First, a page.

Congratulations to our victorious client, Rod MacLeod, to whom we rendered extensive advice from afar throughout his long-standing divorce case in the courts of the Isle of Man and then in the Judicial Committee of the Privy Council.
The case resulted in a landmark decision in favor of our client by the Privy Council, which ruled – for the first time – that post-nuptial agreements are enforceable under English law.
The Judicial Committee of the Privy Council is the court of final appeal for the overseas territories and Crown dependencies, and for some Commonwealth countries.
England’s Daily Mail summarized the facts as follows:
The ruling comes after a millionaire businessman appealed to the Judicial Committee of the Privy Council over a series of agreements before and during his marriage which set out his wife's share of a £13.8million-pound fortune.
Roderick MacLeod, 64, a U.S. businessman living in the Isle of Man, and his wife Marcia, 42, agreed a 'pre-nup' when they married in 1994 in Florida.
The agreement was amended twice during their ten-year marriage which produced five sons.
After their 2004 divorce Mr MacLeod offered his wife about £1million on the basis of their post-nuptial agreement, then he changed his offer to putting about £1.25million in a trust fund for their sons. An Isle of Man court ruled that Mrs MacLeod should receive the extra money in a lump sum.
But yesterday the Privy Council overturned that decision, ruling that there were no circumstances to justify changing the couple's post-nuptial agreement.
Courts currently take 'pre-nups' into account but they are not legally binding. However, as they become more popular, there is pressure for them to be given more force.
So where does this leave prenuptial agreements in England? They are “taken into account” and may be a significant factor in a divorce case to the extent that the English judge feels that it is proper to do so, depending on the circumstances of the case.It also means that if a prenuptial agreement is renegotiated and revised after the parties marry, it will likely be enforced.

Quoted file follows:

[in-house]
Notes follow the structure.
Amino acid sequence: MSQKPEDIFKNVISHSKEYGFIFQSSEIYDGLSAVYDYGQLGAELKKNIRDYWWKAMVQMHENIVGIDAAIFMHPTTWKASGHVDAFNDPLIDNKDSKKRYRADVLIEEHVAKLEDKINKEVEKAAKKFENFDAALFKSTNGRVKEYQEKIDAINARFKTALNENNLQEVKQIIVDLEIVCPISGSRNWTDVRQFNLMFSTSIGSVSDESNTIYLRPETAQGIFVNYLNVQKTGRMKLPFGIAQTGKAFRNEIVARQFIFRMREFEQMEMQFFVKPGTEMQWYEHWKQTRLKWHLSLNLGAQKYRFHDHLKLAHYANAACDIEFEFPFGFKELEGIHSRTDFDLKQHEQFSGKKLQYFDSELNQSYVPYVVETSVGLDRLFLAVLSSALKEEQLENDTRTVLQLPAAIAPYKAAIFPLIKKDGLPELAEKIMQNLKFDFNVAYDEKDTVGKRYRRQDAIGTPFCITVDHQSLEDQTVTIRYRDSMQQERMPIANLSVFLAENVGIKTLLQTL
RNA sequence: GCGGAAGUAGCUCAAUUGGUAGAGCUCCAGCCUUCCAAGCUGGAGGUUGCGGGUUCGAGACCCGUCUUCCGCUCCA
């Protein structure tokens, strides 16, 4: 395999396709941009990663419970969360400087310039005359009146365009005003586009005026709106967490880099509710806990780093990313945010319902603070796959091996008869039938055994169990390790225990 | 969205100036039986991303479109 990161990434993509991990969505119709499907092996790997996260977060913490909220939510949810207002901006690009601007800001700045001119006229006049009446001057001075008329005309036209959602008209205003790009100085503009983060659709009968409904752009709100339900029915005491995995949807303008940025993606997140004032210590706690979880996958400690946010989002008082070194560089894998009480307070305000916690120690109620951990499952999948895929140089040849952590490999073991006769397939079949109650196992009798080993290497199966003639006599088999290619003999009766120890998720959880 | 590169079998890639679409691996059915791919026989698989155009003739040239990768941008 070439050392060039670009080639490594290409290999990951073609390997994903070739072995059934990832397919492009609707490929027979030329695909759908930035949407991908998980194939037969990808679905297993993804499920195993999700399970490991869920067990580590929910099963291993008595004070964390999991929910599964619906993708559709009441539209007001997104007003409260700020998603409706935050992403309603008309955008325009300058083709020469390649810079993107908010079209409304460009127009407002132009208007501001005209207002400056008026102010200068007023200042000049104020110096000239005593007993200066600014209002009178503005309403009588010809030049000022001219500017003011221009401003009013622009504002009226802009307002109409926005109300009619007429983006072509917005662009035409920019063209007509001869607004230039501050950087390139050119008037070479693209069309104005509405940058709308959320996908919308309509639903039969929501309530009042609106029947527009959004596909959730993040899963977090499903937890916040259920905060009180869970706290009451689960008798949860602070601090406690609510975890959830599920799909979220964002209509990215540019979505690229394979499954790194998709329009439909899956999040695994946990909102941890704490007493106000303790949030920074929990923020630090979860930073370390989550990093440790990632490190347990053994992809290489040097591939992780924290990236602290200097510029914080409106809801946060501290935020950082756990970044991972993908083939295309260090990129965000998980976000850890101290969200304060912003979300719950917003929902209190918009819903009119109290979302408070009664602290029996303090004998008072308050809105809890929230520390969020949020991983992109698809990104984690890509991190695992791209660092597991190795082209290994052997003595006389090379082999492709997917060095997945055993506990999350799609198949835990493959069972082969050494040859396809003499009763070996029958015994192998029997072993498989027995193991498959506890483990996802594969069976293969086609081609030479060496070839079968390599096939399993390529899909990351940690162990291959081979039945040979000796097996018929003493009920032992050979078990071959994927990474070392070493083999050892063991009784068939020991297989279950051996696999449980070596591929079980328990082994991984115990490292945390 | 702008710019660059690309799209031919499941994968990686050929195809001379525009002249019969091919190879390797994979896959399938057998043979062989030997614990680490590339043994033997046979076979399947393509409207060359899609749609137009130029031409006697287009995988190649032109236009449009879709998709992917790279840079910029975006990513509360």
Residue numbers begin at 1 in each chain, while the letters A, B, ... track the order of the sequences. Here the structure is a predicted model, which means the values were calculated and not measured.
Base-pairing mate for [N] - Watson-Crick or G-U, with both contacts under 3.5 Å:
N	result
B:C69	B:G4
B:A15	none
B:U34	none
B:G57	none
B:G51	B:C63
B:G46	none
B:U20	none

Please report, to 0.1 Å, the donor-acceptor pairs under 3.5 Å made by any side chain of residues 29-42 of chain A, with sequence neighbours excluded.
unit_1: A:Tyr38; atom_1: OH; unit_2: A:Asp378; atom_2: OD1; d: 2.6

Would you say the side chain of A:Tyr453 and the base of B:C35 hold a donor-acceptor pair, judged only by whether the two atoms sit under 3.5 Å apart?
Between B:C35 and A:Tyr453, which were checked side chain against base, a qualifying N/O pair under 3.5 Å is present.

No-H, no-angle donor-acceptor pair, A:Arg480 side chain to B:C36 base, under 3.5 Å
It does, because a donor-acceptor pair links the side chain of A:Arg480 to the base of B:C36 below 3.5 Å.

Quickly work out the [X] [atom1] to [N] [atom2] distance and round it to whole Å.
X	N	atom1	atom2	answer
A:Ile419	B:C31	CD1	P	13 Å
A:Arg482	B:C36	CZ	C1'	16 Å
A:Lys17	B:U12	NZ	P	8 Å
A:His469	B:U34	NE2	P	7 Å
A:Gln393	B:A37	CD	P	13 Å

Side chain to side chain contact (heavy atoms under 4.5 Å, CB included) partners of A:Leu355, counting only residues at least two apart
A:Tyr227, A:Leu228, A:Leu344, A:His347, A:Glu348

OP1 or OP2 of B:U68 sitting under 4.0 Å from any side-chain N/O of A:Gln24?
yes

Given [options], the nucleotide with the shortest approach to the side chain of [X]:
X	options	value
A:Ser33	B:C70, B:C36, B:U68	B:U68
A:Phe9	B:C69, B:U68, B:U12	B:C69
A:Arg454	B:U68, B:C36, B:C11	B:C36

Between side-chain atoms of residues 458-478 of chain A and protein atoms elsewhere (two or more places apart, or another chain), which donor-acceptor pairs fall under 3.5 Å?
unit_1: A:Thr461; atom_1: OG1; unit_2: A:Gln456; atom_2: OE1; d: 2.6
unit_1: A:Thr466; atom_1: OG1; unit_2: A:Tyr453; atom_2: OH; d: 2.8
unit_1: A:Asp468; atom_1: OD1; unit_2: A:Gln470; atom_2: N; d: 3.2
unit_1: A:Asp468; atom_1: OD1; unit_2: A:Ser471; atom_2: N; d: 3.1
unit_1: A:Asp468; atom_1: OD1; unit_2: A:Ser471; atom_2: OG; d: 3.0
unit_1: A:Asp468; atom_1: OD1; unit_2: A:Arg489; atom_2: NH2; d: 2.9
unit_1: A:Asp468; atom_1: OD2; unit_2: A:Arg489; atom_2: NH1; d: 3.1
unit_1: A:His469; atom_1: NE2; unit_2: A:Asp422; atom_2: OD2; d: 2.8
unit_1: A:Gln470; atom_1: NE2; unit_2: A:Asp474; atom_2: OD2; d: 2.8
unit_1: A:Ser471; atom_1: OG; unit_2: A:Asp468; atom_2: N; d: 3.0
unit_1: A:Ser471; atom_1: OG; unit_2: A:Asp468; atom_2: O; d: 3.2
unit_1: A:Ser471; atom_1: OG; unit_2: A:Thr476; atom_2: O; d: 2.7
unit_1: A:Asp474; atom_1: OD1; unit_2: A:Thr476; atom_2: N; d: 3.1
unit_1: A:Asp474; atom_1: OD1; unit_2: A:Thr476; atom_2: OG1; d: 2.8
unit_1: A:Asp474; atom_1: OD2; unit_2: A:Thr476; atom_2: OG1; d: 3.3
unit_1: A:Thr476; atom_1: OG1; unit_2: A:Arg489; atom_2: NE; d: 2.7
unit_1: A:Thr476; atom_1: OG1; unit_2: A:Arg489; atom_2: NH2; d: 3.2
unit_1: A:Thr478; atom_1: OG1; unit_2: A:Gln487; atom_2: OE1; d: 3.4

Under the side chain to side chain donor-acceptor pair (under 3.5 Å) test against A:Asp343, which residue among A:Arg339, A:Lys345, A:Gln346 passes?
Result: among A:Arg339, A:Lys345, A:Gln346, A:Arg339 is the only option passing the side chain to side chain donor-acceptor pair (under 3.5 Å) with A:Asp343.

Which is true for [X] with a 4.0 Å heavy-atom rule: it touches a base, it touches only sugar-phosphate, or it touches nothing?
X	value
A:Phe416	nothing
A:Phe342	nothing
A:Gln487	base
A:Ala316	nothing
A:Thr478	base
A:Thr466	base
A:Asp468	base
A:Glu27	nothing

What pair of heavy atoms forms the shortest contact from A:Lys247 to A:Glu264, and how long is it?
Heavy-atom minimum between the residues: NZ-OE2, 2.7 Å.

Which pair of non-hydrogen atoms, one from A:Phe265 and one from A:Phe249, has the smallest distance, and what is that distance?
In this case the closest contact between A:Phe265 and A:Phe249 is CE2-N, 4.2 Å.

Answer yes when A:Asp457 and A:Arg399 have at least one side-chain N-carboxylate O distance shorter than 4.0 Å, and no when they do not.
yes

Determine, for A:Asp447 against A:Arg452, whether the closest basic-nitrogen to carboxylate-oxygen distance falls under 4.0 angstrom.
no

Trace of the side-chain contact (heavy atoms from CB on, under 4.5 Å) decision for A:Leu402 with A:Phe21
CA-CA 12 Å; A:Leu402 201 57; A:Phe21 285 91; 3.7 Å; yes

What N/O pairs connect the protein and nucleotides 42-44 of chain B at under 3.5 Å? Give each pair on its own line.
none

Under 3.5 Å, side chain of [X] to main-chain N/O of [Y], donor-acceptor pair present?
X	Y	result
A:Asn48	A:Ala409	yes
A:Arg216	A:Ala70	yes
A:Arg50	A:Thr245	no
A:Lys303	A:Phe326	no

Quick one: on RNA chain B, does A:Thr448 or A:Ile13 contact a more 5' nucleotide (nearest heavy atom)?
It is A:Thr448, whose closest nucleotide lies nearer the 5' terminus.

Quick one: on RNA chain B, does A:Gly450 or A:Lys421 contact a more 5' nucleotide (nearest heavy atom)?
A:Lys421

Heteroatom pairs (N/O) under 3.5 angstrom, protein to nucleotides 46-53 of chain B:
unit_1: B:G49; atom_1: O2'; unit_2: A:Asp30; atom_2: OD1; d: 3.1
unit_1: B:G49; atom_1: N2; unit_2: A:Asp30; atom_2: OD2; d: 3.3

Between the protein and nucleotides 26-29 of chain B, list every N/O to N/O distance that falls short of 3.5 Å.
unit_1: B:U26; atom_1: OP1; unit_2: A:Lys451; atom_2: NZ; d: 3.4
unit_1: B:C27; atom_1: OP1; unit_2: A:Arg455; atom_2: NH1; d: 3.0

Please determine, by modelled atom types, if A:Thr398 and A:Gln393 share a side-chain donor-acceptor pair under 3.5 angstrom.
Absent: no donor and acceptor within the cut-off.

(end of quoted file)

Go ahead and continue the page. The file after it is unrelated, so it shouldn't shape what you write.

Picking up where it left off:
With respect to post-nuptial agreements, Baroness Hale said that:
“We must assume that each party to a properly negotiated agreement is a grown up and able to look after him- or herself. At the same time we must be alive to the risk of unfair exploitation of superior strength. But the mere fact that the agreement is not what a court would have done cannot be enough to have it set aside.”
Respectfully, that same argument applies just as much to agreements made before marriage as it does to agreements made after marriage. Indeed, people may well have far more negotiating strength before entering the state of matrimony than after they have married and changed their circumstances. Nonetheless, even as the Court modified the law as to post-nuptial agreements, it left it to Parliament to make the appropriate changes to the law concerning prenuptial agreements.
So how should one advise betrothed international couples with an English connection who wish to know whether a prenuptial agreement is advisable and under whose laws it should be executed? The answer is that they are still in a somewhat murky legal environment as to which experienced and strategic international family law counsel should be consulted.